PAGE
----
You're not after just any trout. You want "the one," the biggest brown in the river. Here are three ways to get him.
Illustration by Mike Sudal
Creep and Sweep (above)
Giant streamers shine for big browns holding tight to the bank. Situate yourself 25 to 35 feet off the far side, and cast directly across-stream tight to the edge. As soon as the fly lands, make a couple of big upstream mends. Once the fly has had time to sink, make three or four hard, fast strips. This gets the fly working upstream tight to the bank for a few beats before it swings out into the main flow—and it's often right at this turn that a big trout smokes the bug. If not, take 10 steps downstream and repeat the process until you've worked the whole bank.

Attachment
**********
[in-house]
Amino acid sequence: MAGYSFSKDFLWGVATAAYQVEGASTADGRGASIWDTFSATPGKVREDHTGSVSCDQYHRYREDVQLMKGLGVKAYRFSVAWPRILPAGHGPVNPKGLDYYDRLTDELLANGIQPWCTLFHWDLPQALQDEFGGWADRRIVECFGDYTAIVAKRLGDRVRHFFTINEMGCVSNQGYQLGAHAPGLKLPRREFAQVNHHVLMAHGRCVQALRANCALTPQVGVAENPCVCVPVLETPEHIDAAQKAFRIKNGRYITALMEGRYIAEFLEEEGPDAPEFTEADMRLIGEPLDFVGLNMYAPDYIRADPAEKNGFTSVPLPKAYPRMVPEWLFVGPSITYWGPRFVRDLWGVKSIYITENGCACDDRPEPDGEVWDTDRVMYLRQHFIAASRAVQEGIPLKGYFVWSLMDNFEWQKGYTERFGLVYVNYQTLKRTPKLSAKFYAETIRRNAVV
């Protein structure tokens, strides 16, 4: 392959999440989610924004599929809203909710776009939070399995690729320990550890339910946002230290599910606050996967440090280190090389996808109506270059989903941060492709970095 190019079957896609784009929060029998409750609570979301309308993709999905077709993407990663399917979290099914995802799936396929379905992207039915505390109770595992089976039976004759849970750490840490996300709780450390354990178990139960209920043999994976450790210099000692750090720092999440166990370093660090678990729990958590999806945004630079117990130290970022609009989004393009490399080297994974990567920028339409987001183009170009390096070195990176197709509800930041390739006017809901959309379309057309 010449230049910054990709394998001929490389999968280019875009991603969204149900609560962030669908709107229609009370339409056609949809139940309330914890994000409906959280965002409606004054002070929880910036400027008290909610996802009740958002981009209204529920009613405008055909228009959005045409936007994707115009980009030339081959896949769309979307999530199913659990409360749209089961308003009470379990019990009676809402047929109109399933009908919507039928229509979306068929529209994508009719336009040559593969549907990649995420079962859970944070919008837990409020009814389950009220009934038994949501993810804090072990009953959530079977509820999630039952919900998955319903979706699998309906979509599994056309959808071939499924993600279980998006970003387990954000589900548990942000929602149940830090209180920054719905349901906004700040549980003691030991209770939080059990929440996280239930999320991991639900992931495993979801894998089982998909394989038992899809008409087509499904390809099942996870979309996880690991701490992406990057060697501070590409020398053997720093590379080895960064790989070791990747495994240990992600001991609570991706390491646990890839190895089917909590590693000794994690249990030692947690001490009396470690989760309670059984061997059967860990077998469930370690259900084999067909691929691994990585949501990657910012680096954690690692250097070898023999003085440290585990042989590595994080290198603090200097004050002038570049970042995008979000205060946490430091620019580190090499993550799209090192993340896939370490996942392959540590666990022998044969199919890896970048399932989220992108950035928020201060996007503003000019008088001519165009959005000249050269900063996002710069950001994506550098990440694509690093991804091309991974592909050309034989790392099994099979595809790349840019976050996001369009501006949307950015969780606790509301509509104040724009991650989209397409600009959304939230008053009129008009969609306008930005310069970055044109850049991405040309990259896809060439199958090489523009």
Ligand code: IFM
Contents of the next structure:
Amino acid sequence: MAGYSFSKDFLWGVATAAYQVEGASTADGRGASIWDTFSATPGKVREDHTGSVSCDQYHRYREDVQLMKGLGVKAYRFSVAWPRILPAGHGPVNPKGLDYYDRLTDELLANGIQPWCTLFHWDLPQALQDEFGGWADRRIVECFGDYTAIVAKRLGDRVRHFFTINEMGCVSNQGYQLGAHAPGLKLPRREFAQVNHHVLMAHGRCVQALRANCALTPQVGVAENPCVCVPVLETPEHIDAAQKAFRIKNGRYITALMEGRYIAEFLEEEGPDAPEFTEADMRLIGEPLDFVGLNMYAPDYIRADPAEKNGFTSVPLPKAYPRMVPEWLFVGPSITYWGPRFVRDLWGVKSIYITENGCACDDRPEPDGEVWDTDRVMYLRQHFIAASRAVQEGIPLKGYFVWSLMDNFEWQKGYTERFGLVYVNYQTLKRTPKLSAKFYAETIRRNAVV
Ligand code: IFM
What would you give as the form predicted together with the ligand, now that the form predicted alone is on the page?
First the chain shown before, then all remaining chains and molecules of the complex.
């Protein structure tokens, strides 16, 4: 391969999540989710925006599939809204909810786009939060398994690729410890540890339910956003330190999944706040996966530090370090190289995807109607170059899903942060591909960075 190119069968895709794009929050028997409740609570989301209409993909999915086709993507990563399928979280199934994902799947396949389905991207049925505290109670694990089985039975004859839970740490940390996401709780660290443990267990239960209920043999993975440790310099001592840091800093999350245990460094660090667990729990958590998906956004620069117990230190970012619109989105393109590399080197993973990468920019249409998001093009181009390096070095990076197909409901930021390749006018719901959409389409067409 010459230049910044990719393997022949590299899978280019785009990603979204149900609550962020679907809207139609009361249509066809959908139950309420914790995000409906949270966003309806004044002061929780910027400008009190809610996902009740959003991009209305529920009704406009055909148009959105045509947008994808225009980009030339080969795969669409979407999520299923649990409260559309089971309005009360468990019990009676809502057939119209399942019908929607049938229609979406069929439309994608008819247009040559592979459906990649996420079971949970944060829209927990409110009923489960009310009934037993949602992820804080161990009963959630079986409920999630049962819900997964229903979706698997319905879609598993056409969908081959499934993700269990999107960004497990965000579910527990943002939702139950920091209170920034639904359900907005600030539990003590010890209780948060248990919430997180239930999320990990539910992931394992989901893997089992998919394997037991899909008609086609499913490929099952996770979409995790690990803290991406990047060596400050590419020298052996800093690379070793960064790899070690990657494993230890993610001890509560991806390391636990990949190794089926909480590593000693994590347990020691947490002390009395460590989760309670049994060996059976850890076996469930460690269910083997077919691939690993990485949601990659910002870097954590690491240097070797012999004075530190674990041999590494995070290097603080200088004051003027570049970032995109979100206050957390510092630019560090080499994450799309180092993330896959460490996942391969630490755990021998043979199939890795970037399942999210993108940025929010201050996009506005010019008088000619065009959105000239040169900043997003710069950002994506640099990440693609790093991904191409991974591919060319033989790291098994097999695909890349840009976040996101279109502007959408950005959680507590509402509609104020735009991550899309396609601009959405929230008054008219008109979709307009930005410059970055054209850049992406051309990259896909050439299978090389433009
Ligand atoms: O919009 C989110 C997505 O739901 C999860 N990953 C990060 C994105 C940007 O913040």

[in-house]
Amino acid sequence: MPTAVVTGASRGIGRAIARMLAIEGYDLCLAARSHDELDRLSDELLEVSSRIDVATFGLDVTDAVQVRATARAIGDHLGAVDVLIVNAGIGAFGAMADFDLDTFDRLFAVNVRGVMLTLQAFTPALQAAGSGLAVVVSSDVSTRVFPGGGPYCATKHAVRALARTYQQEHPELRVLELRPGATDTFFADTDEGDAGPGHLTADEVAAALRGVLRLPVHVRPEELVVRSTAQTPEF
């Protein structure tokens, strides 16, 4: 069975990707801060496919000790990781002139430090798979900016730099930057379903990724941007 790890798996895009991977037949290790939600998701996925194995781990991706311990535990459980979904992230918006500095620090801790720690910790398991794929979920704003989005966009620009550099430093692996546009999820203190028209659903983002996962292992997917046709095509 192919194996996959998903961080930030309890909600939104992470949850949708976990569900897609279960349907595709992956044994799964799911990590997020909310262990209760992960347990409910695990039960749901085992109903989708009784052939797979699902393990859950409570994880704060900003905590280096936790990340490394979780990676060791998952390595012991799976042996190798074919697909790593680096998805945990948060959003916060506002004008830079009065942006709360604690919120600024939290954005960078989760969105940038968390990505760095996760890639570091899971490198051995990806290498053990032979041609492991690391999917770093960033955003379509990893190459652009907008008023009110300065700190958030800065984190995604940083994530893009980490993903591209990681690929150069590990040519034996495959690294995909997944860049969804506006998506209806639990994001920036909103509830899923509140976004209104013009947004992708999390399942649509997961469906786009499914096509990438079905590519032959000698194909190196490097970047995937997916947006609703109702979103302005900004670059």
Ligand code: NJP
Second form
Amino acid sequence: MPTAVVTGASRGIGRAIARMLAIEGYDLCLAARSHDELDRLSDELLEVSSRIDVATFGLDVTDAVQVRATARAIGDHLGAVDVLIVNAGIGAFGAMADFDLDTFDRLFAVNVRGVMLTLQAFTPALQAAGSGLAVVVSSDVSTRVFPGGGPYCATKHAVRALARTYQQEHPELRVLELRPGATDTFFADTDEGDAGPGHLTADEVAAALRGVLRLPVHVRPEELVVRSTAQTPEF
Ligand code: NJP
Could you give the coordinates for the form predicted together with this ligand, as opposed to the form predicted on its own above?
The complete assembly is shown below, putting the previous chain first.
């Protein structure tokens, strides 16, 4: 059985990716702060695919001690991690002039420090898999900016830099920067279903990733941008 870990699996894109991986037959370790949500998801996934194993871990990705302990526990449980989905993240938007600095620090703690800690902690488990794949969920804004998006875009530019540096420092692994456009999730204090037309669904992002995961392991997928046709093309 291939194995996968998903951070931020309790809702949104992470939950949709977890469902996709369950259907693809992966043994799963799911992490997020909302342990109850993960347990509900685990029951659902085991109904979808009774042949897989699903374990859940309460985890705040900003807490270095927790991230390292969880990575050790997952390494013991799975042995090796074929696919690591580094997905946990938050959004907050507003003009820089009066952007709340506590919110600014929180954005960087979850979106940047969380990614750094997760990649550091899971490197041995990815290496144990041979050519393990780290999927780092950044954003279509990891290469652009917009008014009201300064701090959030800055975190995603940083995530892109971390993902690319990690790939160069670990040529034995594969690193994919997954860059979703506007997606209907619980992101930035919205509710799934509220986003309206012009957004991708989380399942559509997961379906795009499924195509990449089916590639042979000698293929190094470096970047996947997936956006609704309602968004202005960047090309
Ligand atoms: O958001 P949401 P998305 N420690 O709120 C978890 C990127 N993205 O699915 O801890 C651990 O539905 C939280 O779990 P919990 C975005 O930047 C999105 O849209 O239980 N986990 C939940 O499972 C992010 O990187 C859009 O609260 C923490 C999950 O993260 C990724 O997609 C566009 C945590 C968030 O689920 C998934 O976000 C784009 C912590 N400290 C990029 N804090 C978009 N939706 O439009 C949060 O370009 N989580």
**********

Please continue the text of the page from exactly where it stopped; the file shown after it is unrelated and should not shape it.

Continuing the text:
Splash and Dash
In pocket water, you're apt to be dropping the fly behind a boulder only 10 feet away, and the zone may be so short you don't have time to strip. So just pull 15 feet or so of line off the reel and make short roll casts to the sweet spots. As soon as your fly smacks down, give it a few fast twitches with your rod arm. You're trying to mimic prey that is suddenly in the wrong place at the wrong time and trying to get out fast. This doesn't allow the trout much time to inspect your streamer, and the big profile makes for an easier target. A big brown may attack the second it hears the fly slap the water.
Low and Slow
Several new-age patterns, like Rich Strolis's Head Banger, are designed to mimic sculpins and need to be fished right on the bottom. "I cast mine directly upstream with a floating line," says Strolis, noting that a sink tip adds too much weight. "Once it gets to the bottom, I'll strip slowly, just enough to keep contact with the fly as it moves downstream." Working a streamer downcurrent on the bottom takes some getting used to, but Strolis says the trick lies in setting the hook on any stop or tick during the retrieve. Even big trout will just suck it up off the bottom, which can feel very subtle.